The Yes Libre takes a lot of what we loved about the 2017 Yes Standard and put’s it into a highly recommendable low cost all mountain ride.
Conditions: Pretty good spring conditions the whole time we rode it. Only a few hard mornings.
Riders: James, Jimbo, Matt,
Boots: Burton Almighty, Adidas Tactical ADV, Burton Rover,
Bindings: Union Atlas, Union Superpro with team ankle straps (similar to the contact but with taller straps), Burton Genesis,
Set Up: Always close to centered, 22.75″ 15 front -15 back
Our Recommended Boots: Burton Ruler or any med/soft to med flexing boot.
Our Recommended Bindings: Union Force, Union Contact, Burton Mission, Salomon Quantum, Salomon Hologram,, Now Pilot, Arbor Cypress, or any medium to med/slow response binding.
Approximate Weight: Feels normal.
Flex: Nice med bordering on med/soft flex throughout the whole board. Feels a touch stiffer than the Typo and Basic from 2017. I think the 2018 models are closer to the 2018 Libre.
Sizing: The 154 was a little too small for me. I would of much better off with a 158 or even the 156 for my specs. Zobel and Jimbo would have been much happier with a 159w or 161w at size 11’s.
On Snow Feel: Feels like a low-cost Standard from 2017 and that’s a great thing. Nice and stable between the feet but not catchy either. It’s great for those that want a board that will flat base well on a long cat track or one foot easy off a chair. The Yes Libre has a very consistent personality in all conditions from hard snow to soft snow. Just like any good all mountain board it does nothing excellent but everything good. It can center up and act like an all mountain freestyle board and then set back a little bit and then give you a little more directional float on powder days. It’s a great one board quiver.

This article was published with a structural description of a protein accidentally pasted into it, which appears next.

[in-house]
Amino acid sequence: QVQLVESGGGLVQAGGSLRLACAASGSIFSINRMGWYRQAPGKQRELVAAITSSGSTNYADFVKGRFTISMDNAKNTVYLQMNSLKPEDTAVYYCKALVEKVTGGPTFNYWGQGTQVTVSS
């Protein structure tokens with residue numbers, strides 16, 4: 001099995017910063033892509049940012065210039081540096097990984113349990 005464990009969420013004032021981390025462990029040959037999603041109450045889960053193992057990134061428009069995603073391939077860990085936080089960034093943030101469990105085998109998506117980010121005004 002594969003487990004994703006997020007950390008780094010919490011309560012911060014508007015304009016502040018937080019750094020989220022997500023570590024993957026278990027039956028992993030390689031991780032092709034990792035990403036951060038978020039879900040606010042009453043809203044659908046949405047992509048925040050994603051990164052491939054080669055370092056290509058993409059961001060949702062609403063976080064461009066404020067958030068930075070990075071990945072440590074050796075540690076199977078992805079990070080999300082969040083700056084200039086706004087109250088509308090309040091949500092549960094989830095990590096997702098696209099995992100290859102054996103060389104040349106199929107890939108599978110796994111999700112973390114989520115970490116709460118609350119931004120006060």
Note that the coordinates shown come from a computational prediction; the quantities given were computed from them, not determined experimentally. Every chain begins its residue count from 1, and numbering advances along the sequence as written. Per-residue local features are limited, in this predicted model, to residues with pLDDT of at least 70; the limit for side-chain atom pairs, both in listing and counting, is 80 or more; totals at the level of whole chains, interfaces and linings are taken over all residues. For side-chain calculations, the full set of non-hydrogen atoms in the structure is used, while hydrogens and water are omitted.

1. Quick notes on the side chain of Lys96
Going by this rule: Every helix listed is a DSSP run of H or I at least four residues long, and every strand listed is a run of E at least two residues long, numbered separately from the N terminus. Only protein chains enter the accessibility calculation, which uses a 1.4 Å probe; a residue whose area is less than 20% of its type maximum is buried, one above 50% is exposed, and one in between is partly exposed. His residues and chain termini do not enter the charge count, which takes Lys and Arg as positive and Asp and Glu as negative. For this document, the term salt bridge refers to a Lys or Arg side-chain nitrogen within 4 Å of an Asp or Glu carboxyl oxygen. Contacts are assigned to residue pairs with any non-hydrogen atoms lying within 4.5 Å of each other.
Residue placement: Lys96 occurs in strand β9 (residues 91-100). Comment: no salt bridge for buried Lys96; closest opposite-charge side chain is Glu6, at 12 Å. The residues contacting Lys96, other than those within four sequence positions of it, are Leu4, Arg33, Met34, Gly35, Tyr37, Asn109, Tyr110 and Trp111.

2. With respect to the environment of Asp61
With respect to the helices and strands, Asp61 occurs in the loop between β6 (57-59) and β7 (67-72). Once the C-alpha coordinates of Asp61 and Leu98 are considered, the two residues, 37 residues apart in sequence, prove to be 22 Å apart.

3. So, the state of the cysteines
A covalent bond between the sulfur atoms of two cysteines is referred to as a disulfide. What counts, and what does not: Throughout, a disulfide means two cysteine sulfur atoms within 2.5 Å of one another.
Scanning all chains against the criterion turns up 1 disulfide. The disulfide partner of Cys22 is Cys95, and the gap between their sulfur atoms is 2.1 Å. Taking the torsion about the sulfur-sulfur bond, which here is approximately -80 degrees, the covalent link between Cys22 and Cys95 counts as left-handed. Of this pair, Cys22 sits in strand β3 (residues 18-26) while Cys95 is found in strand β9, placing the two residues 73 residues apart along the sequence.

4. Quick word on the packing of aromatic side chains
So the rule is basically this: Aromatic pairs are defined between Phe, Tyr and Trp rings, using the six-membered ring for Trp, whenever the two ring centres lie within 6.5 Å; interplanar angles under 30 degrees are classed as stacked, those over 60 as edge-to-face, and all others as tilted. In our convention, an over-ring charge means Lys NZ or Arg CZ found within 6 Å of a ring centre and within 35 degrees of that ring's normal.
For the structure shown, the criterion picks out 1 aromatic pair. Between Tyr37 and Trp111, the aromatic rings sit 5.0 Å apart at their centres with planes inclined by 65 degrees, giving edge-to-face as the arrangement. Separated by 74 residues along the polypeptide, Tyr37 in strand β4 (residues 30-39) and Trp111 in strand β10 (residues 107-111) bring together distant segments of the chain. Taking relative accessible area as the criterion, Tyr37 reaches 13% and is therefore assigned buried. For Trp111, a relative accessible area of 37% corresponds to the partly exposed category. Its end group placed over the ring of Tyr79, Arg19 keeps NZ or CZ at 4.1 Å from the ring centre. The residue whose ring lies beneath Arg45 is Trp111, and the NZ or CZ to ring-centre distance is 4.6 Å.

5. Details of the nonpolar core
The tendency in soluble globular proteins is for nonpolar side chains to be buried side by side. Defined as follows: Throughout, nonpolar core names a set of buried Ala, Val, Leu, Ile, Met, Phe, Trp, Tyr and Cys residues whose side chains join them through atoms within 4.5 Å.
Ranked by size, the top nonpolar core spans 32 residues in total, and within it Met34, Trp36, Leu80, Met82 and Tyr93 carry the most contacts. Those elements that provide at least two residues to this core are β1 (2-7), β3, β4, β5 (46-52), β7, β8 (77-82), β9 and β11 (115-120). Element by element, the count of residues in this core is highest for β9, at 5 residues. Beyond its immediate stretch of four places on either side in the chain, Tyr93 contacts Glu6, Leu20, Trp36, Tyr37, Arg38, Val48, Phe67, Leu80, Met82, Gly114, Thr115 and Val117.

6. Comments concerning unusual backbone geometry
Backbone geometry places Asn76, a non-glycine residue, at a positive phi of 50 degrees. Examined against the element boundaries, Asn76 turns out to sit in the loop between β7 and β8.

Edge Hold: If you often ride in harder conditions the Yes Typo is the better call. However, if you see more normal conditions than the Libre will be fine. It’s not as sure footed in hard snow as the Typo with underbite but it can hold an edge well enough to not be too sketchy.
Turn Initiation: Very quick edge to edge and where ever you want the Yes Libre to go it goes there. It’s very confidence inspiring in trees, tight spots and weaving in and out of tight bumps.
Turning Experience: It’s a really good turning experience for $369 and it’s great for riders of all levels. Short radius to wide radius turns are pretty fun.
Carving: There is enough camber to get some spring out of a carve and it’s very fun when the conditions are good to lay it out.
Skidded Turns: Very easy to skid turns with the Yes Libre and It’s a great board for those who skid their turns all the time or still get off their game from time to time and need to skid out.
Speed: It’s not going to set fire to the world of all mountain riding but it’s fine with big wide open groomers. The extruded base does a great job at keeping the speed consistent even if you don’t wax all the time. It’s never going to be the fastest compared to a waxed sintered base but when the wax comes off both bases I’d rather be on the Yes Libre.
Uneven Terrain: This is a great board for all day resort riding. As the day get’s messy the Yes Libre will hang in there and be easy to weave in and out of anything from rutted snow to a wrong turn down a super bumpy run.
Powder: The directional volume twin shape makes for a little better float than you would think for how little set back on sidecut there is as well as moderate set back on board. I’d love to see 6×2 inserts per binding instead of 5×2 so there are more stance options. An extra 1×2 insert towards the tail of each binding would make this float even better. Still, there isn’t bad directional float and when set all the way back you can get about 2″ back on board. It would be great if you could get closer to 3″ but still, it’s better than being centered or close to it.
Buttering: We like the slightly stiffened flex compared to the 16 and 17 SWS model Typo and Basic. It’s easy to butter but not so soft that the first time you try it you butter right onto your ass.
Switch: Very good switch and it almost feels like a true twin when centered or close to centered. It was easy for all of us to ride the Yes Libre fakie.
Jumps: Great pop for such a low-cost board and it pops rather well on an ollie. If you want to hit kickers all day you can too.
Jibbing: Not a bad jibber. Jimbo liked it and even I did and I’m a pretty weak jibber.
Pipe: We like the extra grip of the Typo but this is still a really fun board to ride the pipe.
So, all in all, we feel the Libre is a great call for anyone who wants to ride everything and you are on a budget. It’s going to have very strong appeal for beginners or intermediates on a budget but an advanced to expert rider on a budget could do a lot worse in this price range. Even with the cheaper tech the Yes Libre has a lot of that magic we loved in the 2016 Yes Optimistic and 2017 Yes Standard.